“Special” woodies to me are shrubs and trees on my grounds which are simply EXTRA special…..not necessarily my favorite woodies, the ones I couldn’t live without, but those I am extra thrilled to “own” as a part of my landscape garden life.
I could not manage this outdoor life of mine without conifers with none as a group more special than the others. Name a creepy juniper, a mature White pine or Swiss Stone pine, I find them equally beautiful in settings set to show off that beauty.
Leading my special woody list is the maple, Acer griseum…..the Paperbark Maple. What a beautiful, beautiful understory deciduous tree in shape, leaf, and bark. Michael Durr of trees for the North fame, wrote an article somewhere which caught my fancy about ten years ago. He insisted in his frank and open way that folks living in horticultural zone four were idiots for not planting the Paperbark maple, ‘officially’ classified as limited to zone five in its tolerance for the cold.
I didn’t believe him…..but then….why not try him out, sharp tongue and all? I special ordered three of them from Bachman’s our local landscape wholesaler.
I didn’t believe him when I planted them. I didn’t believe him even where I planted them….all hidden carefully from our brutal north and west winter winds; one in garden ‘center’ south side to a Canadian hemlock barely two feet taller than my experimental specimen, a second to the south of my house nestled in amongst a number of stately arborvitaes for further protection from northern winds, and the third along the east border of the landscape garden well protected again by arborvitae, so overwhelmingly, that over the years I forgot about the thing entirely, that is, until one late autumn its crown of shocking fire-red foliage stunned me to memory the moment I saw it spectacular blazing cinnamon red bark back lit in the morning sun.
Its autumn color in our neck of the American ‘woods’ isn’t always reliably red as it is in warmer zones…..only if the autumn runs well into November. All three trees are over twenty five feet tall, about twenty while in my possession. They receive reliable waterings all summer long.
Closely following the paperbark maple, and perhaps even a more spectacular tree, is the evergreen conifer, Golden Chamaecyparis pisifera nidiformis, except that it isn’t evergreen, but everyellow. At first look one knows immediately it’s beauty must be from something directly out of a Japanese garden.
Locally these Chamaecyparis are sheared and sold as shrubs…. and never really amount to anything beyond the yellow. What a shame for its normal struugle to grow offers a form unsurpassed by the human touch of pruning.
I received two gift plants as house warming presents from devoted gardener, Allie Simonds when my wife and I were lived on the first floor of her duplex a decade earlier. She had ordered them from White Flower farms in the year 1974, when we had moved to our new Minnetonka setting. The two Chamaecyparis ‘trees’ were about eight inches in height nestled in a web of peat moss held tightly together by a kind of celephane paper.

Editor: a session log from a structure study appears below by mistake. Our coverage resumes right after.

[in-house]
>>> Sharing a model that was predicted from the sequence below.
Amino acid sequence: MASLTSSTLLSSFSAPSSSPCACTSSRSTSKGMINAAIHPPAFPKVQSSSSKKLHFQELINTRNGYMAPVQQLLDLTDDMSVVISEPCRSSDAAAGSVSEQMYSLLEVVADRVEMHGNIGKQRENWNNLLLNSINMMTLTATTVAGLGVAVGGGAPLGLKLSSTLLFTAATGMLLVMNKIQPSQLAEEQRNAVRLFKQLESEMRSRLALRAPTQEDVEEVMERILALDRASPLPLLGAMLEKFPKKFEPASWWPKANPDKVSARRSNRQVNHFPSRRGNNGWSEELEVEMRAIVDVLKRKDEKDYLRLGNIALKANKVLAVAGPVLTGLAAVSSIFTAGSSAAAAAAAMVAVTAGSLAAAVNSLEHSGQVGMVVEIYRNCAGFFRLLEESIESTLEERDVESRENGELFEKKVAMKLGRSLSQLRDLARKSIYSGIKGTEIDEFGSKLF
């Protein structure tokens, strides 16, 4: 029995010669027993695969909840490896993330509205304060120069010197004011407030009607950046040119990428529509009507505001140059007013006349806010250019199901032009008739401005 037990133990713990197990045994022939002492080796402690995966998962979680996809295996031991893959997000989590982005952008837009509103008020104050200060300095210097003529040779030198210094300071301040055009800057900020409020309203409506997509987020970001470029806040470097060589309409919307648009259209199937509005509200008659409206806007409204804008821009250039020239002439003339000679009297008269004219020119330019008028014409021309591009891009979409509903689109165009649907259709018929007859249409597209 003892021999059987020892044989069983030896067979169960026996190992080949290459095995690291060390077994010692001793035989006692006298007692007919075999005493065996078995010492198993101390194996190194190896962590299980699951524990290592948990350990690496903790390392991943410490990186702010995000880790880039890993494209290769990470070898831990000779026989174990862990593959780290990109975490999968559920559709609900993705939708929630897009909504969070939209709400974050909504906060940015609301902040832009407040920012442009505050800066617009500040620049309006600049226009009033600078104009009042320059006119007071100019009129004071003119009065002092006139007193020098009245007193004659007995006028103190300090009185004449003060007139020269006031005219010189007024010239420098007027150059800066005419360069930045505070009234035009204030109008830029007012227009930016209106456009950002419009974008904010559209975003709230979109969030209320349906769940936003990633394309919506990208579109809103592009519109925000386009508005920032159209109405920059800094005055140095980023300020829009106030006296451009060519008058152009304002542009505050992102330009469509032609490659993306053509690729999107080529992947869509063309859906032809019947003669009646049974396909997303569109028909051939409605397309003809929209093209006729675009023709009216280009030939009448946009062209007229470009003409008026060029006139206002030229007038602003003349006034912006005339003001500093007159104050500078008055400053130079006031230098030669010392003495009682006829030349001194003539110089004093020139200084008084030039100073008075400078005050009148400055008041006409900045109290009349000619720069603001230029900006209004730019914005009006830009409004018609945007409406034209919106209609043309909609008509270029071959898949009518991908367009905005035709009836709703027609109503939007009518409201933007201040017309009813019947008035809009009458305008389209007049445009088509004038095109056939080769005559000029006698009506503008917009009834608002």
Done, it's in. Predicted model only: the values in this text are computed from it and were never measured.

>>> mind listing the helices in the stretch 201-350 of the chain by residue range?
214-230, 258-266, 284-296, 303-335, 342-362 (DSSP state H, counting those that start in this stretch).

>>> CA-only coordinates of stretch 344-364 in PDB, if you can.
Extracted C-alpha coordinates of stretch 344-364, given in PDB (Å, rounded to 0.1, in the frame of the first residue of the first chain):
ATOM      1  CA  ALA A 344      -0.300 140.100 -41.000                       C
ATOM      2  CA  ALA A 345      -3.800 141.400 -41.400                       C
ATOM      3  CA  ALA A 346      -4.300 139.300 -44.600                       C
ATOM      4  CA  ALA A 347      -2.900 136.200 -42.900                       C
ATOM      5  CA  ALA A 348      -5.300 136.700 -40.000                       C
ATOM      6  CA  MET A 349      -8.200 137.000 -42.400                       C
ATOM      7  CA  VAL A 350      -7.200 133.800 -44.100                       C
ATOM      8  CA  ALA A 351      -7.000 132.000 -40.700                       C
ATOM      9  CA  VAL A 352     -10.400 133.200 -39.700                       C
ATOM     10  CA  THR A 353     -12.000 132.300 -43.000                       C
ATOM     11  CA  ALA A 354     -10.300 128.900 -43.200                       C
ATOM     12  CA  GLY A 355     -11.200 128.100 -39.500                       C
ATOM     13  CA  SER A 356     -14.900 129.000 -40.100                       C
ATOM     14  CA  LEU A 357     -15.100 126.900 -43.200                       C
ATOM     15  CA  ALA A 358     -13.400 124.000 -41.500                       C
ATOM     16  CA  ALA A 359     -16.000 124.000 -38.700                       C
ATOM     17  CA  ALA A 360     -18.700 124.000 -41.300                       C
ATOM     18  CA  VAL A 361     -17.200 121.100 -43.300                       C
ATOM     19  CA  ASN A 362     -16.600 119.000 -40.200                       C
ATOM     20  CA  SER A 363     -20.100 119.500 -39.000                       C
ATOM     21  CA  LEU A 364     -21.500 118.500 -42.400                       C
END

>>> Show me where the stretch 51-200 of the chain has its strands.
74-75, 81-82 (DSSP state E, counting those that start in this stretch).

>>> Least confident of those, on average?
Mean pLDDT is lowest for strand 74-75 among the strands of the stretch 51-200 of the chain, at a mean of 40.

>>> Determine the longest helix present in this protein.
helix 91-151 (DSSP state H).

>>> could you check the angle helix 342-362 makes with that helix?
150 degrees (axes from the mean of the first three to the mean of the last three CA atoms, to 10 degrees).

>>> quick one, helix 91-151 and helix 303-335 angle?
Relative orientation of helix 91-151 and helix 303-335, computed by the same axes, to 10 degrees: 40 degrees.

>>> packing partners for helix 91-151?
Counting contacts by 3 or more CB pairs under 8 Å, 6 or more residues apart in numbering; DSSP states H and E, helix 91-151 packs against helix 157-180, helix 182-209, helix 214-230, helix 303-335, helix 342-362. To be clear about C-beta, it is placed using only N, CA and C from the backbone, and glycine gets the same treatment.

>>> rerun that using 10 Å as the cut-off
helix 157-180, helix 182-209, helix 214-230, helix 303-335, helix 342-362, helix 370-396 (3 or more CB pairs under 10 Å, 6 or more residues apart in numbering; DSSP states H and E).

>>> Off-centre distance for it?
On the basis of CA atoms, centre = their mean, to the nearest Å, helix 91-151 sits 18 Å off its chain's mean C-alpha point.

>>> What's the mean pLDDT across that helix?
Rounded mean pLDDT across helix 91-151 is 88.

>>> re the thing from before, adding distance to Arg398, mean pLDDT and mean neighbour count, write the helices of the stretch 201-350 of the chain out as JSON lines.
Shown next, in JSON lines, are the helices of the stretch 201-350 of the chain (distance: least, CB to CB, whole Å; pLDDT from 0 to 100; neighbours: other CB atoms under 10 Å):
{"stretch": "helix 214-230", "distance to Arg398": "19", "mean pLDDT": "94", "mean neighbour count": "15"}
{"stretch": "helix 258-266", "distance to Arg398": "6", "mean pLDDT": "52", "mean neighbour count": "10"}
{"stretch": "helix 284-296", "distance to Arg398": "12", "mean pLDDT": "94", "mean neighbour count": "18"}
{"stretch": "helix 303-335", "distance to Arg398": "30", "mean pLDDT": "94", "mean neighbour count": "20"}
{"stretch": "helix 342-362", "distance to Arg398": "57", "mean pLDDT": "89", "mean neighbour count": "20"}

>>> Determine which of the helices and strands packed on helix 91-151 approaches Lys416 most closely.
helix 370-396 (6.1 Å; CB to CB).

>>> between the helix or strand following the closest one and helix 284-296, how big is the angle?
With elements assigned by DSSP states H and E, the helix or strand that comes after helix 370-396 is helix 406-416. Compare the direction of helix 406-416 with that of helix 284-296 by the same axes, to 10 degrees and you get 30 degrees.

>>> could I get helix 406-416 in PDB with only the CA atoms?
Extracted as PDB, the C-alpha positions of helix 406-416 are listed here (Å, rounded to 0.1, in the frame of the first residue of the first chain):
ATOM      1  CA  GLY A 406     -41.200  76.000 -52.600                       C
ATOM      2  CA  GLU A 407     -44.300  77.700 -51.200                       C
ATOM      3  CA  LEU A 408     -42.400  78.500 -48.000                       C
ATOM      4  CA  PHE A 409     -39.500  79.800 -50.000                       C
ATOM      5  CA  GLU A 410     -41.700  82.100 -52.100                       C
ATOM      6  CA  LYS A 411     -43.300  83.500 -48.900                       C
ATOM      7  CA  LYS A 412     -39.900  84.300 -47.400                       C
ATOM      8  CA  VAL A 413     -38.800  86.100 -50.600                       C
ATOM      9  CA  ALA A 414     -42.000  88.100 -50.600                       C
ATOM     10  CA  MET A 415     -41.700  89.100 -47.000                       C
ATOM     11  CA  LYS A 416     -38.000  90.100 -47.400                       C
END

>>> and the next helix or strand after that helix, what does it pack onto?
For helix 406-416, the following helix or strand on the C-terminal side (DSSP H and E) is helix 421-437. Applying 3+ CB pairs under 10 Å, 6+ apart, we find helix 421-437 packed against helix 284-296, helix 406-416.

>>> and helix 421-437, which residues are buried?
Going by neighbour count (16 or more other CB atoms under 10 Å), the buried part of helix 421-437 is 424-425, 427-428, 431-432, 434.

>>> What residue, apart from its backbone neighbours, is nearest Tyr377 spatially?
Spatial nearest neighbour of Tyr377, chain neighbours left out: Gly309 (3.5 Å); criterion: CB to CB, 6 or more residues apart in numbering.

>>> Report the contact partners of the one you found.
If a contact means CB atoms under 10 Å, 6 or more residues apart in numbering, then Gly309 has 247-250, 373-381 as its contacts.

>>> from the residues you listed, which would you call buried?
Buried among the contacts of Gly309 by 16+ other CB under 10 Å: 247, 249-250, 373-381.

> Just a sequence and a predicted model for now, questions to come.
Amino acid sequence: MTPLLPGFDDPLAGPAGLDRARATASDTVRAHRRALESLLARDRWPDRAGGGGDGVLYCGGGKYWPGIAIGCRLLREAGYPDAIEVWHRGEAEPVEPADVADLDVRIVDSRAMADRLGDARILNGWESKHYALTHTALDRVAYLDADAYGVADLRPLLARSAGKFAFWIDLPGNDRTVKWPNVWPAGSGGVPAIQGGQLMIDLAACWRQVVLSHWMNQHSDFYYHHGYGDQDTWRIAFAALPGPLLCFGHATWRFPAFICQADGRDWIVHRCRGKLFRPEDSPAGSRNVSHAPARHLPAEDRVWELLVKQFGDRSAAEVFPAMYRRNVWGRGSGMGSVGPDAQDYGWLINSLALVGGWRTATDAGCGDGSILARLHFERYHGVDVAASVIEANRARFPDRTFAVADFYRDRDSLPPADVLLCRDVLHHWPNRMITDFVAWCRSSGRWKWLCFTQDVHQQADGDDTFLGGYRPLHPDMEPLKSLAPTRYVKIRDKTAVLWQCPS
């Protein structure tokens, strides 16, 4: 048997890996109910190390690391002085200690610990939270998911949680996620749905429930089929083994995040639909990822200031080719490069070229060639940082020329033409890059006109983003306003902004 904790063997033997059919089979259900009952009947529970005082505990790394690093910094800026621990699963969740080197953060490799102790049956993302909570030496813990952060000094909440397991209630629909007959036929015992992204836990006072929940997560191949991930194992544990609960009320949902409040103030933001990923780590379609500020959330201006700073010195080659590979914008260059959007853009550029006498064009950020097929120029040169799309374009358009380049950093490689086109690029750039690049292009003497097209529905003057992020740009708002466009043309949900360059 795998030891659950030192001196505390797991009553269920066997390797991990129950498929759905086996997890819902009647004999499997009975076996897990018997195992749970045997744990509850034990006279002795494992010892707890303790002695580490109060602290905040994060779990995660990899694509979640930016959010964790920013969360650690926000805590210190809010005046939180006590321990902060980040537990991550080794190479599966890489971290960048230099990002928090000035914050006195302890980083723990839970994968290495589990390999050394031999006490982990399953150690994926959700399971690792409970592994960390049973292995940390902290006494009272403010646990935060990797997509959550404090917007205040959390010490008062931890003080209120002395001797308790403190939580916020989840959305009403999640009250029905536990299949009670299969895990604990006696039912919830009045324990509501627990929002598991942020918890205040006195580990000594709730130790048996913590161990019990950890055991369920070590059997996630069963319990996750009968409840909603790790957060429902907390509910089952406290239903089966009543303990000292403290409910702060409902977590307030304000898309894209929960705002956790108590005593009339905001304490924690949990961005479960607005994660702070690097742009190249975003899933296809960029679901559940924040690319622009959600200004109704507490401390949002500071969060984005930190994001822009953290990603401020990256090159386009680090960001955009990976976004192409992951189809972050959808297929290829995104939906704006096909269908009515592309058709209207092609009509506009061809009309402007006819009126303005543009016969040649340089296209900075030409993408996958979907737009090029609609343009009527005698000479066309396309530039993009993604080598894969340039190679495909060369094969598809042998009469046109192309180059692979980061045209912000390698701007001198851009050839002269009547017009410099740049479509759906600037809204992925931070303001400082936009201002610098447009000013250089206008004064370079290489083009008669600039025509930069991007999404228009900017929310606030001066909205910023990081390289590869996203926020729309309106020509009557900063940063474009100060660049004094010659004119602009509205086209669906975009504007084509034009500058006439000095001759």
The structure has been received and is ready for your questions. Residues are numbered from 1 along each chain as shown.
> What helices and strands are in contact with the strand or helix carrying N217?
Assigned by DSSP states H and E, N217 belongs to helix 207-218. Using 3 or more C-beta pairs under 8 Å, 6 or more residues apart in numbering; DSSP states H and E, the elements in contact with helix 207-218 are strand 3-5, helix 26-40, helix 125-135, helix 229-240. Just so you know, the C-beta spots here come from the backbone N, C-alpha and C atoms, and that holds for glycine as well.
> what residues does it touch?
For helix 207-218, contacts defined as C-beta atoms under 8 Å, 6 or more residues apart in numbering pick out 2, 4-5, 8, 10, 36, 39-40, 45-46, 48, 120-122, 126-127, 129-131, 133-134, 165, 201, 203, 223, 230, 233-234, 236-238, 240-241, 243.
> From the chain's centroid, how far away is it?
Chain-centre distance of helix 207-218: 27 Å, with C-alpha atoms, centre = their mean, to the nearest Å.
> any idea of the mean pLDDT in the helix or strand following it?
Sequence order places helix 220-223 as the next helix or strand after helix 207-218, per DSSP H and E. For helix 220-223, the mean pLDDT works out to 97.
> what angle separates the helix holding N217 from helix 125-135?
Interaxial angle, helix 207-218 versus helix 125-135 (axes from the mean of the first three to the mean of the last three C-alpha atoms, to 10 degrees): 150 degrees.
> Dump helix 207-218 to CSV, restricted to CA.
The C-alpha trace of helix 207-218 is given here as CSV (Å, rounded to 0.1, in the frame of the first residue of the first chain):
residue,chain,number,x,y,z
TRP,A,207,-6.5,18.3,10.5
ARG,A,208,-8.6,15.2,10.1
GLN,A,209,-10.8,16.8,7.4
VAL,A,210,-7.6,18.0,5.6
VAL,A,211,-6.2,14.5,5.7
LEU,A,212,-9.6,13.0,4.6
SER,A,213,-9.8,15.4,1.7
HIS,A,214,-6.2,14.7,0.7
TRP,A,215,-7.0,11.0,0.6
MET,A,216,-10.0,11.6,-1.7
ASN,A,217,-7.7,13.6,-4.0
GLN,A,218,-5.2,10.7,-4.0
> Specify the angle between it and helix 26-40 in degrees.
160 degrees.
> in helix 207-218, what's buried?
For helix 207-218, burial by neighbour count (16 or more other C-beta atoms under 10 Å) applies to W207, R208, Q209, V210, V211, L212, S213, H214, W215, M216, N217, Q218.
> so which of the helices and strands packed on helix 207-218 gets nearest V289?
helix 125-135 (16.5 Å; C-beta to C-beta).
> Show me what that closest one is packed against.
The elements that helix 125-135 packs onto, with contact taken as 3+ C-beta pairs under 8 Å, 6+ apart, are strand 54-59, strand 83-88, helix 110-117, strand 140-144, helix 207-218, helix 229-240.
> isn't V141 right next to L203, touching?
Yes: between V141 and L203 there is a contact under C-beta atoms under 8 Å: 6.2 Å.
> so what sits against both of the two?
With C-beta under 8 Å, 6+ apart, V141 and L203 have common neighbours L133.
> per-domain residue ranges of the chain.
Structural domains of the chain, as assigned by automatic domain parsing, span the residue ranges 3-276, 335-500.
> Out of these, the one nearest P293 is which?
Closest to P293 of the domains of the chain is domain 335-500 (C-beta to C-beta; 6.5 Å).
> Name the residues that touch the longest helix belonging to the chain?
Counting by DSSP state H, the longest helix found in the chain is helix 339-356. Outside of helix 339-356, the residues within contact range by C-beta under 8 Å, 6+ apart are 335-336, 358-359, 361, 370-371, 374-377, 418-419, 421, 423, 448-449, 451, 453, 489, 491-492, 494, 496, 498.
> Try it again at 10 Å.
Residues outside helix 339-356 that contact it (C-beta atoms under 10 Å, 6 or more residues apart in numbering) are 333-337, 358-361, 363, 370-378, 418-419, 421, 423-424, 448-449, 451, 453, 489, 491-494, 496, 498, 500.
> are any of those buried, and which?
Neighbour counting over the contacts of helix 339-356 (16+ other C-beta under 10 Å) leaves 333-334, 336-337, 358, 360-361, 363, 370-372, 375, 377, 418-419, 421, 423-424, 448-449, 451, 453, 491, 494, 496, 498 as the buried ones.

I had never heard of a Chamaecyparis and thought Allie extreme in her imagination that such a strange conifer could live in hostile Minnesota, much colder then in winter than now. I, thinking they were shrubs and not fit to live long, planted them along the narrow band of my property south of the house.
They must be among the most beautiful trees in our metropolitan area, not for my view, for I am forced to walk under them for they serve me as shade trees. It’s my neighbors to the south who see the golden glory of the Golden Chamaecyparis crowns twelve months of every year.
I planted my first Red Obelisk Beech around six years ago, again certain I knew better than the eastern landscape pros who had labeled this ‘true’ beech as hardy in Gopherland. I would give them, the gurus, a try…..and hold them responsible for my loss when it dies.
No true beech could make it through a Minnesota winter….even though my grounds twenty miles west of the twin cities proper, has maintained between a 4.3 and 4.6 horticultural zone, by my guess, over the past three decades of my residence here.
The third of a trio of these special plants living around me is the Hillside Spruce…..a foreigner frowned on by certain political purists who demand that American gardens should bear only American natives.
Hillside is a product of the European spruce beauty, the Norway spruce, hauled over to the new world to be used as wind breaks for the growing number of farmsteads in our young America. Sorry, political purists who have invaded the landscape garden business, the most beautiful, most reliable and quickest growing among our spruce is NOT a home grown one, but the foreigner European “Norway”….and among its beauties both big and small is the Hillside….my favorite as well as my ‘special’.
One brief glance at a specimen whether ten or one hundred or a thousand inches tall will startle the first time viewer. What a silhouette….stiff and rugged appearing ready for winter and summer as well as any stately upright cactus of the southwest deserts, arrogantly showing its form despite any trial it might face.
These three trees are special in my 2/3rds of an acre landscape gardened grounds.
Garden clubs are encouraged to view these grounds…..call Masterpiece Landscaping at 952-933-5777 to secure appointments.